Bah Humbug! One-man show of ‘A Christmas Carol’ returns to Howmet Playhouse

Local actor and Muskegon Community College professor Tom Harryman will perform a one-man rendition of "A Christmas Carol" at the Howmet Playhouse on Sunday, Dec. 7, 2014. (MLive.com file)

Local actor and Muskegon Community College professor Tom Harryman will perform a one-man rendition of “A Christmas Carol” at the Howmet Playhouse on Sunday, Dec. 7, 2014. (MLive.com file)

By Tony Wittkowski | Reporter | MLive – Muskegon Chronicle

WHITEHALL, MI — As an instructor of theater at Muskegon Community College, Tom Harryman knows his way around a stage.

One of his signature performances will be coming to the Howmet Playhouse for a 3 p.m. show Sunday, Dec. 7. Adapting Charles Dickens’ “A Christmas Carol” into a one-man show, Harryman will tell the story of Ebenezer Scrooge through a new narrative.

“It’s a challenge doing what is essentially a 70-minute presentation,” Harryman said. “It’s certainly a well-known story. The first time I did ‘A Christmas Carol’ was in 2006 or 2007. It’s been very popular around the area.”

The MCC faculty member has taken his one-man show out of the box and dusted it off every few years. Two years ago Harryman performed at the Howmet, in Big Rapids and later in Grand Haven.

This year he is expected to perform at the Howmet on Dec. 7 and the Frauenthal Center for the Performing Arts on Dec. 19 and Dec. 20.

“I’ve been in theater pretty much all of my life and the preparation is just getting the story down in my head,” Harryman said. “I like solo performance work. I’ve done a couple of shows that way. Plus, I love the story.”

One of the main things that come into play for choosing to do “A Christmas Carol” for Harryman is how spooky it can be, as well as its abundance of great characters.

With no costume or set changes, Harryman finds a way to take on more than one persona through the narrative.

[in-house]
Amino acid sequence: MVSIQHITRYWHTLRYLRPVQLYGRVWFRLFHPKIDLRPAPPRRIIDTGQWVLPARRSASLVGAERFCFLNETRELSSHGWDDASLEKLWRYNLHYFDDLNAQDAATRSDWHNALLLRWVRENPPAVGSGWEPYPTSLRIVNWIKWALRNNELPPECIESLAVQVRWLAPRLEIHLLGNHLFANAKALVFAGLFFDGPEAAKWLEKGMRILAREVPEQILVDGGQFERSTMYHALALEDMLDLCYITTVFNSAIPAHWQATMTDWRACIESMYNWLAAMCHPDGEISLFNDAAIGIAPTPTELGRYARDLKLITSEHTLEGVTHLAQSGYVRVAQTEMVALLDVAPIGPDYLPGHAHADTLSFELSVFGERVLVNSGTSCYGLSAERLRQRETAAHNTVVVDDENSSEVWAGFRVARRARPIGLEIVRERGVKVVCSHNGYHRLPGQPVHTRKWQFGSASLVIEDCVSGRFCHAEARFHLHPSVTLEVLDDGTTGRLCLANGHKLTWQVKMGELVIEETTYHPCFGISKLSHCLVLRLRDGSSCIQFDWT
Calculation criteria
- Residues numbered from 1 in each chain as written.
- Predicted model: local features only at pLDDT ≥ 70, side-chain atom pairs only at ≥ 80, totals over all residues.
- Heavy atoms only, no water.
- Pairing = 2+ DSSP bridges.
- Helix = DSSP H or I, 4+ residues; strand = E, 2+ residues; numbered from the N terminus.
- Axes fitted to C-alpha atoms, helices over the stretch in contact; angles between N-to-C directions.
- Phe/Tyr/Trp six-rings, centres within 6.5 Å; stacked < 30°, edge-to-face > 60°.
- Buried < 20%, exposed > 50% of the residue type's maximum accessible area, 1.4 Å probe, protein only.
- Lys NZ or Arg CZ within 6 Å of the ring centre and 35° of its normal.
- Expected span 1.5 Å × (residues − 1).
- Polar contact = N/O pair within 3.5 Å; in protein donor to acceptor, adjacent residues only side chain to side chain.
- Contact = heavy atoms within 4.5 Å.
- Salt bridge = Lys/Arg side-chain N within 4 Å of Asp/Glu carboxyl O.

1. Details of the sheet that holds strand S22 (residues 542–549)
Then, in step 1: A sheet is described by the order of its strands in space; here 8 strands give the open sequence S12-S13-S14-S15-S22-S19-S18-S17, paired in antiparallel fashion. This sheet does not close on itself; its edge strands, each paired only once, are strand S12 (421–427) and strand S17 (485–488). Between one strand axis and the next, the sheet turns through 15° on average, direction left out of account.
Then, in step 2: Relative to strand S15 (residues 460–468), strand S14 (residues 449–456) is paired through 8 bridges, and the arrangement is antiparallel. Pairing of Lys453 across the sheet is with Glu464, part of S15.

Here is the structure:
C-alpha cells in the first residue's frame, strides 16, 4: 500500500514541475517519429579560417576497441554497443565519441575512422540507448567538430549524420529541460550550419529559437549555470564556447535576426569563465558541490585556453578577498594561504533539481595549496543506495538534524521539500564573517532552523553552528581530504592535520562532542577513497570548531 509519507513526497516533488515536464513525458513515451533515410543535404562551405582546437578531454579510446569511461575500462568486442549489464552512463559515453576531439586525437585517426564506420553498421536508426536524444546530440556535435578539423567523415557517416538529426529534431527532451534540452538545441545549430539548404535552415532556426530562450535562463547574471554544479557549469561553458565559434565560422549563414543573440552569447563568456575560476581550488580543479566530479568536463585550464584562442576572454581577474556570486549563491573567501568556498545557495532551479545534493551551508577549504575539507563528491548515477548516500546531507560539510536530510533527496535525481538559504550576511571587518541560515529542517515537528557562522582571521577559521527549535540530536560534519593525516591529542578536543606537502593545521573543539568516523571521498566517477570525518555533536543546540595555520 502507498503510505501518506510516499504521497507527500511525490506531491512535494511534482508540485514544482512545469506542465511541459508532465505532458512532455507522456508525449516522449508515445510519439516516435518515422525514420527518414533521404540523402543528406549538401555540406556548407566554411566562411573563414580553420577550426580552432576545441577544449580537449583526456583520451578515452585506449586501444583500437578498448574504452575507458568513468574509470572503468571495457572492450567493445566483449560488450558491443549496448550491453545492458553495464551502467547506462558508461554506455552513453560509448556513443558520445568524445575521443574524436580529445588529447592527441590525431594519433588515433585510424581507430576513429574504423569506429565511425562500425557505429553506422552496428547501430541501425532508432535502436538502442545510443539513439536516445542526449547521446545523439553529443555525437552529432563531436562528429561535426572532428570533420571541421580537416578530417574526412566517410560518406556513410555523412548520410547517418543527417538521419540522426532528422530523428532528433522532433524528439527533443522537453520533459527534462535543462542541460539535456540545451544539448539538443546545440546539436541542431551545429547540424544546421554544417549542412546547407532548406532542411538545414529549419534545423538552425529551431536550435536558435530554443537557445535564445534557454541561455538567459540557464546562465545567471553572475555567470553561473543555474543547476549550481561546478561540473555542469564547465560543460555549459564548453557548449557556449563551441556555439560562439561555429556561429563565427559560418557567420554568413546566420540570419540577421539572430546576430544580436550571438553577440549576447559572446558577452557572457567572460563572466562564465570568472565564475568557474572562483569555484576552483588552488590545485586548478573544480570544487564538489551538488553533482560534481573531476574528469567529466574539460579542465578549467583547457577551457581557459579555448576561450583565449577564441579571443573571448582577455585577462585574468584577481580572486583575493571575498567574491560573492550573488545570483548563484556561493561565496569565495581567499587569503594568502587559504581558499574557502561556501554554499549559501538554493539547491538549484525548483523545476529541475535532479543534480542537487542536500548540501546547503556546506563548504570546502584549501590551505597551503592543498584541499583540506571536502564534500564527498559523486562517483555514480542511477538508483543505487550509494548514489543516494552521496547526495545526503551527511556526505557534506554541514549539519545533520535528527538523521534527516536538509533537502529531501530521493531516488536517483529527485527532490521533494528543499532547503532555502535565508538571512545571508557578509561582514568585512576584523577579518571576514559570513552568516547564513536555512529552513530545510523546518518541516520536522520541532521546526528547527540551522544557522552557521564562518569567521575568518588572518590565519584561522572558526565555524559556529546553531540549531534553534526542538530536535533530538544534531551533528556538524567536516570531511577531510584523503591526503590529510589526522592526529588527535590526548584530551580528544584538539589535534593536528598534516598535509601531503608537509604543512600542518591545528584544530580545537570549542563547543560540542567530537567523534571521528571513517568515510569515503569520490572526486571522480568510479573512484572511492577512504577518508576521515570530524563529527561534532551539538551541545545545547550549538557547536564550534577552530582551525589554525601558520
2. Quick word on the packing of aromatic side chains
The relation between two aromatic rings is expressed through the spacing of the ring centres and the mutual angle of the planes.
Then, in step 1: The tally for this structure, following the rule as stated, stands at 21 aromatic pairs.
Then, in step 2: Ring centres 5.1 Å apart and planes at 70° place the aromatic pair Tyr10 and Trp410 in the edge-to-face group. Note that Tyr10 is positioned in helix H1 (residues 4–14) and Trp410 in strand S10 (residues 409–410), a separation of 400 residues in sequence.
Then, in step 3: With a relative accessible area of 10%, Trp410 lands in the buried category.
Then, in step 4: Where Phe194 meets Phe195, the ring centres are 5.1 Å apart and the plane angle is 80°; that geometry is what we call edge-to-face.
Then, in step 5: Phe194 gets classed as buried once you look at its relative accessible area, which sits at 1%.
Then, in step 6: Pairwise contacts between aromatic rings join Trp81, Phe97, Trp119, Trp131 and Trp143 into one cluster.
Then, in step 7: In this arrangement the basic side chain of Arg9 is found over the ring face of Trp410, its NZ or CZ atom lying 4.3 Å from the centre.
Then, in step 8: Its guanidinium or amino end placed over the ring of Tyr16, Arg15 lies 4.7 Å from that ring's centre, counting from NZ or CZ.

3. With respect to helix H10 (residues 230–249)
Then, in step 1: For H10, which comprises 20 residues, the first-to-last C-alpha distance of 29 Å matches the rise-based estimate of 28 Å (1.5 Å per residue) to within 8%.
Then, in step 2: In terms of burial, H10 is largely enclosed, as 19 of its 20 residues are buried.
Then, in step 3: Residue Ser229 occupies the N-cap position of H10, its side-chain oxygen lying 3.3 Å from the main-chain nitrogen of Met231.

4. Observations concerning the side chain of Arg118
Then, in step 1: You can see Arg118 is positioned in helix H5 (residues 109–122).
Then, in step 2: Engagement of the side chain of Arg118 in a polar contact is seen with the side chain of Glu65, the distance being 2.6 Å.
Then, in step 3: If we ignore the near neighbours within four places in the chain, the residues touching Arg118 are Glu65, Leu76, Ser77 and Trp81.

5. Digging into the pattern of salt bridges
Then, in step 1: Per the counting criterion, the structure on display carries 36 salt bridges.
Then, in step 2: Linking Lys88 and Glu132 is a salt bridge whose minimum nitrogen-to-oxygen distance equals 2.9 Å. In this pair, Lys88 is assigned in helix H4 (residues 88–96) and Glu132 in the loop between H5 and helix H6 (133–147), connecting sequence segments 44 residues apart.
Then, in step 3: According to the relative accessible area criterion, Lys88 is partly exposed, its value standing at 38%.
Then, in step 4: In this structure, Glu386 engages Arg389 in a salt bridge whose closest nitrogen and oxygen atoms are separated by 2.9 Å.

“You come to hear a story and use your imagination,” he said. “It’s a little more direct contact with the audience.”

Beth Beaman, director for the Howmet, said she first began talking with Harryman about coming back for another show a couple months back.

Beaman first saw the college educator perform his one-man show at the Frauenthal, where he chose another production that combined several pieces of work from Edgar Allen Poe.

“It was amazing to watch him perform and see that after a short amount of time it was Edgar Allen Poe on that stage,” Beaman said.

Harryman said he gets requests for his shows all the time. However, it’s his love of the craft that keeps him coming back to the stage.

“I think that a lot of the themes that are addressed in ‘A Christmas Carol’ are probably as relevant today as they were when Dickens wrote them in terms of helping people, in terms of how we treat one another.”

Harbor Light Credit Union is sponsoring the event as tickets are being sold at $10 for adults and $5 for students. Attendees can get tickets at Whitehall City Hall or at the door. For more information regarding the show or tickets, visit the Howmet’s website at http://www.howmetplayhouse.org.

Tony Wittkowski is a staff reporter at MLive Muskegon Chronicle. Email him at twittkow@mlive.com and follow him on Facebook and Twitter.

(Author’s Note: This article was originally published on Dec. 1, 2014)

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Howmet Playhouse to showcase different version of ‘Beauty and the Beast’

By Tony Wittkowski | Reporter | MLive – Muskegon Chronicle

WHITEHALL, MI — Strong and empowered female protagonists have been a favorite of Cindy Beth Davis-Dykema for quite some time.

East of the Sun and West of the Moon will play at the Howmet Playhouse as part of the Summer Fine Arts Festival. (Madelyn Hastings | MLive.com)